The most notable feature in Scalloway harbour throughout last week was the sail training ship Gunilla, as previously reported, remaining in port until Friday. The tug vessel Remus called in twice during the week in her support role for the gargantuan survey vessel Romfirth Vanguard which is operating to the west of Shetland. The 710 gross ton Remus is serving as a shuttle to deliver crew and equipment from the port to the Vanguard on this occasion.
The mussel harvesting workboat Harvester, run by Blue Shell Marine, continues to operate among the isles off Scalloway. Her presence in this area is accentuated by the absence of the usual salmon tenders in the now eerily quiet local waters, with the salmon farming activity that had become the norm all but ceasing under the ongoing ISA quarantine restrictions until April next year.
The standby vessel Grampian Conquest made a visit to the port on Thursday, for a preliminary survey of her lifting and safety equipment before travelling to Aberdeen for a more comprehensive inspection.
Also on Thursday the workboat Constructor berthed on the east jetty. The smart colour scheme and business-like, practical lines of the modified vessel concealing her former identity as an SIC ro-ro ferry, now owned by Magnie Mann.
The resplendent image of the Swan made for a fine sight, setting sail in the evening sunshine on several occasions last week as she ran trips from Scalloway Harbour.
The pair trawlers Adorne II and Denebula made two visits to Scalloway, the former in a somewhat olde-world manner as a failure in her propulsion control required verbal commands to be passed from bridge to engine room while manoeuvring. After a second attempt at repair the vessel departed for sea. The Denebula stands out among the Scottish fleet, bearing an uncommon Montrose registration (ME 50).
Last Sunday saw the Nassau registered, 863 gross ton standby vessel DEA Server come alongside for bunkering and crew change.
Fishing activity was a good average with 1,781 boxes landed to the Scalloway market. The biggest single landing coming from the Venture last Monday with 290 boxes. Other vessels contributing to this total were the Devotion, Radiant Star, Atlantia, Prevail, Tranquillity, Athena, Defiant, Guardian Angell, Gunners Glory, Quiet Waters and Valhalla. The unsavoury occurrence of fish having to be withdrawn reared its ugly head again toward the end of the week with a quantity of round haddock, gutted haddock and plaice being consigned for fishmeal.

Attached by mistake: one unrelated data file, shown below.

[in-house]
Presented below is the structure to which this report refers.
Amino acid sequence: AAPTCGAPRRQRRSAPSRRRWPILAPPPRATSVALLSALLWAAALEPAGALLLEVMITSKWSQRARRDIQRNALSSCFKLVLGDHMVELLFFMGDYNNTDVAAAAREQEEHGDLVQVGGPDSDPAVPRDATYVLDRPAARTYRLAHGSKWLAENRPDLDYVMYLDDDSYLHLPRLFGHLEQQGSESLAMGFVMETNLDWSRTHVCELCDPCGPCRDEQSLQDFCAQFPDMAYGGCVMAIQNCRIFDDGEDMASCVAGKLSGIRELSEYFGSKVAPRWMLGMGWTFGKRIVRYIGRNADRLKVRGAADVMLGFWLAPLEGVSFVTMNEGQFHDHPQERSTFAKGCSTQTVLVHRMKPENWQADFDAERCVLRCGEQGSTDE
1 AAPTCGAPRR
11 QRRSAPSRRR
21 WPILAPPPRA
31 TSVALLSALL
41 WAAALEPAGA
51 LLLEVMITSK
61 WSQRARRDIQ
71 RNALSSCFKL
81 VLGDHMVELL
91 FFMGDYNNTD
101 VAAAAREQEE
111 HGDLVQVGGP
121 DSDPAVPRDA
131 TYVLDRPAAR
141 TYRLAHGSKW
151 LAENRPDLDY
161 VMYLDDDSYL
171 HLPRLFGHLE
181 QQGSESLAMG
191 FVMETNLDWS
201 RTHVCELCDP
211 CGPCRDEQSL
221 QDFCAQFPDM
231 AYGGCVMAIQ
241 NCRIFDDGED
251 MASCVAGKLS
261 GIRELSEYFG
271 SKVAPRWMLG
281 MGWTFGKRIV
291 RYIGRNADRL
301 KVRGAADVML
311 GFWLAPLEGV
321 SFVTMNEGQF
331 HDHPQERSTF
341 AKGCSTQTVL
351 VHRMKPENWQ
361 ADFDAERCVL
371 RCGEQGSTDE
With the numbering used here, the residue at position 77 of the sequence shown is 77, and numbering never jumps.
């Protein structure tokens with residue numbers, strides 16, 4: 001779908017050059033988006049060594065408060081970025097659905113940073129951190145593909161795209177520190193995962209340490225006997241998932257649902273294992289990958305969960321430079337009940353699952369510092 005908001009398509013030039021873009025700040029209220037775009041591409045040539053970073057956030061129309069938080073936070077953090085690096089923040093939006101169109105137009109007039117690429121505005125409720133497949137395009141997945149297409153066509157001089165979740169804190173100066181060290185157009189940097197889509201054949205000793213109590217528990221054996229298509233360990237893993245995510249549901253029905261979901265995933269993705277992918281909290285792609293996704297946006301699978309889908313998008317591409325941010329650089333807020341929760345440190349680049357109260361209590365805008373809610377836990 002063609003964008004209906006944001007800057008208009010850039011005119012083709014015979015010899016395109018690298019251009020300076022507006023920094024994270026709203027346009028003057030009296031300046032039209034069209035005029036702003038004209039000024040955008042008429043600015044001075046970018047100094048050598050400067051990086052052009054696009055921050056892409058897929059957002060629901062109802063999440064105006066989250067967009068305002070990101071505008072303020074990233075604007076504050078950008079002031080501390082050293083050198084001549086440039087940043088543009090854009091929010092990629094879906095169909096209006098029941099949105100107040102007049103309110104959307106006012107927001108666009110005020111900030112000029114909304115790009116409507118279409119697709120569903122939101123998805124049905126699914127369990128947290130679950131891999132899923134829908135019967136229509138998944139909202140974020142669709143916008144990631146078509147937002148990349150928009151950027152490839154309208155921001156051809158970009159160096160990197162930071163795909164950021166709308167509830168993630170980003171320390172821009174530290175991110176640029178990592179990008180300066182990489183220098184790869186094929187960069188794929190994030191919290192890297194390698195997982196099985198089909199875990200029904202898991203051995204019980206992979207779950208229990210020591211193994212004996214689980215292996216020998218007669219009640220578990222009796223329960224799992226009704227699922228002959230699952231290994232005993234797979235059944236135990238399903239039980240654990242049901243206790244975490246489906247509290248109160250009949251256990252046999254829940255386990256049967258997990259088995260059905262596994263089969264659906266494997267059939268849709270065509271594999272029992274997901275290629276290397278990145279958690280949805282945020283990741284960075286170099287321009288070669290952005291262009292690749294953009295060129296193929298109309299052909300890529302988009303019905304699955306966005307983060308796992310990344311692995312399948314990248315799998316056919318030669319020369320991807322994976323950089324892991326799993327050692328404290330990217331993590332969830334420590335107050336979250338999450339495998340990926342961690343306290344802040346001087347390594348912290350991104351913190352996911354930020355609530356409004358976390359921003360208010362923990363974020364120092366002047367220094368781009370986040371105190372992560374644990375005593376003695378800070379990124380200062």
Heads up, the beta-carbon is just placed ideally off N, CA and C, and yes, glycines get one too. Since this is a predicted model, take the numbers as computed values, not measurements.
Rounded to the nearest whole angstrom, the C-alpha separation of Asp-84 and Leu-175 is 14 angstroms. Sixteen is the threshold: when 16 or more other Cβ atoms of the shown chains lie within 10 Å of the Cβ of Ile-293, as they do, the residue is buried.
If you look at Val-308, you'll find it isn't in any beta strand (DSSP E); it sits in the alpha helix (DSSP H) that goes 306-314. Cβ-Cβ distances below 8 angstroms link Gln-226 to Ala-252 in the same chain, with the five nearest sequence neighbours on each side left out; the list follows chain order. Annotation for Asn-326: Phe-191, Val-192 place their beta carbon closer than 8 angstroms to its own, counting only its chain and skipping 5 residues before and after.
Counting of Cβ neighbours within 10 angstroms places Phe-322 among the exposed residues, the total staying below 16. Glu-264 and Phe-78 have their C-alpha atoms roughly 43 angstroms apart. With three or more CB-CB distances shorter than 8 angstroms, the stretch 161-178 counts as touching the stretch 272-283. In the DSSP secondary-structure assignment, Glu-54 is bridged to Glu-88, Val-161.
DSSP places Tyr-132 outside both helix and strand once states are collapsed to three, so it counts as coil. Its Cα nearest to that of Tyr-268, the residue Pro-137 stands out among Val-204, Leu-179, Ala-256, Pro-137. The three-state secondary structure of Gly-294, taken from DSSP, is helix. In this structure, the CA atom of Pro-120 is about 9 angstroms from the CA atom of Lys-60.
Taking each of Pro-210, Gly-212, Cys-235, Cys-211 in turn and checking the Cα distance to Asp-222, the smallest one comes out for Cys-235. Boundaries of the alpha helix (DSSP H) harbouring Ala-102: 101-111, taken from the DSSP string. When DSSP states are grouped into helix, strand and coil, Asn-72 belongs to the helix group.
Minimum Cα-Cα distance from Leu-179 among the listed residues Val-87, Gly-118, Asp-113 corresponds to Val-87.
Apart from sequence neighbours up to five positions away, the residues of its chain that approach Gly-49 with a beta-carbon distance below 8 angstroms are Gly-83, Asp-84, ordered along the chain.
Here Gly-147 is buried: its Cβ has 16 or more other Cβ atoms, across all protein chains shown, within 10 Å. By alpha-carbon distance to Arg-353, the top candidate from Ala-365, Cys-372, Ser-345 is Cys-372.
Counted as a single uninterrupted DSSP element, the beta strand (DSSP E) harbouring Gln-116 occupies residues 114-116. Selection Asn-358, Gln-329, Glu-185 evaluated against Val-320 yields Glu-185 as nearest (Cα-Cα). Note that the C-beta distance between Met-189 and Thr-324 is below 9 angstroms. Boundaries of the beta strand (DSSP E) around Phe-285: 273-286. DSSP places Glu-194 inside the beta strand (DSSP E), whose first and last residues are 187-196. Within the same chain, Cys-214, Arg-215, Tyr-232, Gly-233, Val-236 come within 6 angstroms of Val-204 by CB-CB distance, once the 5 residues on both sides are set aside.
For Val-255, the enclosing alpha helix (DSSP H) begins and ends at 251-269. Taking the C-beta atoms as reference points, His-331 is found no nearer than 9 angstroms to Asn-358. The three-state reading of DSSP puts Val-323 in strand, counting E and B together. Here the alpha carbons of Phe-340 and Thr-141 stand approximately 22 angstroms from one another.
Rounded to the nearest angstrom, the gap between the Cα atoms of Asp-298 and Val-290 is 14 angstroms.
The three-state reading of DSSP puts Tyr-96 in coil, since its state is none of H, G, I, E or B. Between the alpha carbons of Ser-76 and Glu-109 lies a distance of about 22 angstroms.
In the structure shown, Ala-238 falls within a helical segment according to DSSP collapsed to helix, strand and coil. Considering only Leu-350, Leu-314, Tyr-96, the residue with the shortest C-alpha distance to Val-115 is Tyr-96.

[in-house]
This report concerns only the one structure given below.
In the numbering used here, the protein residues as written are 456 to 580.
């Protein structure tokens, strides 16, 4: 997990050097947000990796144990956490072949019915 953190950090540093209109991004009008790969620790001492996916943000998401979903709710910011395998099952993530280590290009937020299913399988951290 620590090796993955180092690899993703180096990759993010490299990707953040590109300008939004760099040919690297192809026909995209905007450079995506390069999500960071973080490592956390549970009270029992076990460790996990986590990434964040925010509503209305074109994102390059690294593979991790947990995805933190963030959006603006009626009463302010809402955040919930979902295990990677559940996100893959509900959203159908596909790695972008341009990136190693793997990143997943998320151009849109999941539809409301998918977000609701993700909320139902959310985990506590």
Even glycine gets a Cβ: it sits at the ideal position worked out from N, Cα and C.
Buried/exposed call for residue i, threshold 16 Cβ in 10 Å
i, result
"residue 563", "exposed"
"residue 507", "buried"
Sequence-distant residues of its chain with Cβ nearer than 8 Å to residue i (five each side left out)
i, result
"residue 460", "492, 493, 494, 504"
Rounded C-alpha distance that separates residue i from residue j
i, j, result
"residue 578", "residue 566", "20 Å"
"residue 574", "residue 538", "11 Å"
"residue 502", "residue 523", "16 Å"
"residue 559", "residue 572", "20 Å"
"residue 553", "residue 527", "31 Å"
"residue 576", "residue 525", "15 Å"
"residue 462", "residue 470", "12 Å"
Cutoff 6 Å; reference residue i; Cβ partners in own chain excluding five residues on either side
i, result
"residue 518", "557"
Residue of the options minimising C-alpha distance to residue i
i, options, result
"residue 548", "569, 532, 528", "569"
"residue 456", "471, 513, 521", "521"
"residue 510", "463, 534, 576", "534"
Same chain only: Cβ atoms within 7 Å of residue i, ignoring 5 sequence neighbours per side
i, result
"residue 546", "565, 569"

Burra DJs fund-raiser
The dance music based event held last weekend in the Burra hall tallied a fantastic £2,580 toward the CLAN 1,2,3 appeal. Headlined by local DJs playing their choice of dance tunes, the hall was transformed into a nightclub for the evening, complete with lasers and hi-tech lighting system and attracted around 300 folk.
The event originated from a question posed by councillor and fund-raiser Betty Fullerton to Valene Christie of Burra as to what the younger adults could do to raise funds for the local appeal.
Valene combined forces with hall representative Gary Laurenson and DJ Elwin Fullerton to stage the successful event entitled “Roka Djs”. Elwin enlisted the talents of other local DJs to provide the music and provided his own laser and lighting effects. Arctic Security was hired to steward the door and no trouble of any sort was reported within the hall throughout the evening.
Speaking for the organisers, Valene Christie would like to thank all the stewards and everyone who helped out for “making it such a successful and brilliant night. We never ken when we might need to use CLAN House. We wanted to do anything we could to help. Everybody really enjoyed it, even the organisers and the biggest thank you should go to the DJs as they made it such a good night”.
Building on the success of this event, the organisers are already considering a similar event in the future for another charity.
Pupils from Scalloway Junior High School took part in a range of outdoor activities last Thursday and Friday toward the “John Muir Four Challenges” award. The criteria of the awards require participants to “discover a wild place, explore its wildness, conserve – taking personal responsibility, share these experiences”. All of this is achieved with the assistance of the SIC’s outdoor education official who introduces the pupils to a range of activities like canoeing, coasteering and wildlife watching. They must keep a diary and photographs of participation in these activities and then make a presentation at the school. According to depute head Colin Nicol these challenges help pupils to “learn more about their local community and the environment. It provides an opportunity for pupils to achieve in a different context, in keeping with the new curriculum for excellence”.
John Muir, for whom the awards are titled, was a Scottish born American naturalist, perhaps less well known in his homeland than across the pond. He gained fame and respect as a writer, naturalist, conversationalist and geologist among other accolades. Perhaps his best known written work was the book entitled Thousand mile walk to the Gulf, the compilation of which required, as the name suggested, a walk of epic proportions through the, deliberately chosen, least-travelled paths from Indiana to Florida. He advocated the cause for the creation of Yosemite National Park and also championed the plight of down-trodden native Americans.